REP. MARTY MEEHAN: I hope that it is. As I look at the course of this investigation and look at the leaks over a period of time, you know, we might as well throw the Constitutional protections in, the federal rules of criminal procedure out the window, and start over again, if we are not going to adhere to some constitutional principles of privacy with regard to grand jury transcripts and testimony. I think all of us take this responsibility very, very seriously, and I think that we are capable of putting partisanship aside and considering the constitutional rights of all of the witnesses that have appeared before the grand jury, I'm hoping that not only we look at precedent and constitutional basis of what we do, but also consider the fact that this is a little different. And we are setting precedent as well for future generations. And I think if we look at it that seriously, we'll all do the right thing.
JIM LEHRER: Congressman McCollum, you do not believe – do you agree that this will not be business as usual?
REP. BILL McCOLLUM: It won't be business as usual, Jim. We're going to be very, very careful with this. I think every member of the Judiciary Committee – I know both sides of the aisle feels this is a terribly important obligation, a constitutional duty. We need to be objective. Most all of us have said that time and again in the weeks that have gone on leading up to this report being submitted – holding our powder –wanting to look at what we still haven't seen. And I tried very hard I know myself not to pre-judge anything. We don't really still know what's in this material. And I agree completely with the idea of protecting as much privacy as possible. At the same time we have a public obligation to release that report in as much entirety as we can, as soon as possible, and an obligation I think to expeditiously get on with whatever proceedings we're going to do and get this behind us. Impeachment none of us want to do. But if the President has lied under oath in a court proceeding, committed perjury, or obstructed justice, or something else like that, then I'm going to be compelled to vote for impeachment, as many other members will be, but we don't want that. We don't know if that's there. We need to find out if it's there. And the reason why, by the way, is because if we were not to vote impeachment – if the President lied under oath in a court proceeding, for example, -- I think we would be stretching the rule of law, threatening it terribly, causing judicial process in this country to break down, because thousands of other people out there every day are called upon to testify under oath under threat of perjury – in civil, as well as criminal cases. And we've impeached three judges since I've been in Congress, two of them for plain old perjury. I think that it's a very serious matter, not going to prejudge it at all, but we need to understand the gravity of every one of the possible charges before we move into it.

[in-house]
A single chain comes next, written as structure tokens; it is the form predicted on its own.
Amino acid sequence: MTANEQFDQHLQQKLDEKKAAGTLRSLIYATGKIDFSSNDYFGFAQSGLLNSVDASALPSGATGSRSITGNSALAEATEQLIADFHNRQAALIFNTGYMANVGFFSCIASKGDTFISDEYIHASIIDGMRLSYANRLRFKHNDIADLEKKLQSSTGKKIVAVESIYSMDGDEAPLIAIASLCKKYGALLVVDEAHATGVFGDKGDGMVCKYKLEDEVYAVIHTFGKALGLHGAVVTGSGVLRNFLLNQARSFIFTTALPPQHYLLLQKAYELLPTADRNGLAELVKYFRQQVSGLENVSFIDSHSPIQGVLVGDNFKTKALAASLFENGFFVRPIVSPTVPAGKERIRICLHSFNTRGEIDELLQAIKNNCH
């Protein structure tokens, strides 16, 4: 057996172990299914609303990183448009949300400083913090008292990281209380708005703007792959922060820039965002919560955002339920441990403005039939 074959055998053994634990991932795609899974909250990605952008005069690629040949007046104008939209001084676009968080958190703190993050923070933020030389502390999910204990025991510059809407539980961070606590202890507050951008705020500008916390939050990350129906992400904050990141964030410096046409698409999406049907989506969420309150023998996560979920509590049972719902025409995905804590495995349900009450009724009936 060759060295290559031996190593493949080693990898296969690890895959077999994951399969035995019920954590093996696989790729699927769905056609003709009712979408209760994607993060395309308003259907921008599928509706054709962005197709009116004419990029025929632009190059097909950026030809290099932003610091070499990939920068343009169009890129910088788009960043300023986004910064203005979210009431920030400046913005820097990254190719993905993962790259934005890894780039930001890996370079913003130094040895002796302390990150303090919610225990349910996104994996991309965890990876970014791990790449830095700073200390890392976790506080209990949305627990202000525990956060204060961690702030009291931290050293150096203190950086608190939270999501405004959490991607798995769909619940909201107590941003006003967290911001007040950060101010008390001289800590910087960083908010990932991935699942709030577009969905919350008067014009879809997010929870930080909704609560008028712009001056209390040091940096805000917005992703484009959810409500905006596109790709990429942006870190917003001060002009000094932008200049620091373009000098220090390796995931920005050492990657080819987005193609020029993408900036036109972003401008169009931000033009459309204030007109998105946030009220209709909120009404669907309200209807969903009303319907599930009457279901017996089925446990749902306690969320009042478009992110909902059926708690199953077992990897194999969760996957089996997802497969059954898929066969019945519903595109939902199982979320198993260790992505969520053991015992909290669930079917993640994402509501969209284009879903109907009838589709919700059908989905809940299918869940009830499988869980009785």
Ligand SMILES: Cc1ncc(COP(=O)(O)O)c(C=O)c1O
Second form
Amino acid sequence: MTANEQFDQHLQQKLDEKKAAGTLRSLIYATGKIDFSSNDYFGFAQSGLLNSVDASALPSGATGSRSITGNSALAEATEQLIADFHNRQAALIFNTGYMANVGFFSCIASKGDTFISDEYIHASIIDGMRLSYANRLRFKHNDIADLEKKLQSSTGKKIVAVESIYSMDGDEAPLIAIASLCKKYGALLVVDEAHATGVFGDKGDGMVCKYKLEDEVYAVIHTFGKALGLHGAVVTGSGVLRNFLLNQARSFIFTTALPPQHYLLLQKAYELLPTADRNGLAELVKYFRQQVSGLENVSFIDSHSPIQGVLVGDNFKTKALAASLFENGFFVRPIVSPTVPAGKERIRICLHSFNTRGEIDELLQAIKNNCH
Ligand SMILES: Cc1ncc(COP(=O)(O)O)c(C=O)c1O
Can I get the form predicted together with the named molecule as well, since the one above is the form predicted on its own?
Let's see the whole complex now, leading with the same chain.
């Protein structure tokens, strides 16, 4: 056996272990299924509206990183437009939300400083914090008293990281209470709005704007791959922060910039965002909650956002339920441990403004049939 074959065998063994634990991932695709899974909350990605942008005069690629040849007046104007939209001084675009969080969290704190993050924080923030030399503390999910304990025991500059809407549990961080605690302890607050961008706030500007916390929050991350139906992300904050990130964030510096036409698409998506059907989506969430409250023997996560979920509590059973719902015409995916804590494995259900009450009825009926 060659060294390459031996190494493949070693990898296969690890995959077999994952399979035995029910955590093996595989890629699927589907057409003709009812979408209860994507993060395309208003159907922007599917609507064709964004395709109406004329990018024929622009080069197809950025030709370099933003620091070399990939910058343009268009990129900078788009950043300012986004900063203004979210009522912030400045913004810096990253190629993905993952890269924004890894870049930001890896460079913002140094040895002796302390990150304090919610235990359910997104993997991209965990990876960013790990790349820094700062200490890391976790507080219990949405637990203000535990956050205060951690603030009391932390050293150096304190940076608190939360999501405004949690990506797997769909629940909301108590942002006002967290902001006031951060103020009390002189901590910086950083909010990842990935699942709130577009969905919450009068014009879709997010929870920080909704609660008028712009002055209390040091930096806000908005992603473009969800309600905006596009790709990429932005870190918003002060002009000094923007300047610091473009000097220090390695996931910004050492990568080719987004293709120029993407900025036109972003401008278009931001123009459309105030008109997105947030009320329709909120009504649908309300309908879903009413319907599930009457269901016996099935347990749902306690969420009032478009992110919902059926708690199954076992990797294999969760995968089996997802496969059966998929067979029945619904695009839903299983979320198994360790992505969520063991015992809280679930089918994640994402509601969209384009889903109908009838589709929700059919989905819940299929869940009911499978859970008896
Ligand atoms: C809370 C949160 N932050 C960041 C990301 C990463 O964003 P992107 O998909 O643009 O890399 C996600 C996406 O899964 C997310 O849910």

JIM LEHRER: Congresswoman Lofgren, what would you add or subtract from what Congressman McCollum just said?
REP. ZOE LOFGREN: Well, clearly, the precedence and the law of impeachment is a completely separate body of law from the ordinary criminal law. And if you read back -- I just flew out from home and got here 10 minutes after the report and I took the time to read through again the wonderful report issued in '74 – that I would recommend to all Americans – I have it posted on my Web site. You can all read it and access it. It goes through the historical precedence, and it's not all the case that any criminal law violation is either required or necessarily the determinative factor, historically or legally or any other way. It needs to be very important. It needs to be about the whole process of government. You can commit an impeachable offense without committing a criminal offense, if it subverts the Constitution and destroys our form of government.
JIM LEHRER: I got a hunch we're going to be hearing a lot of discussions like this over the next several weeks at least. Thank you all four very much.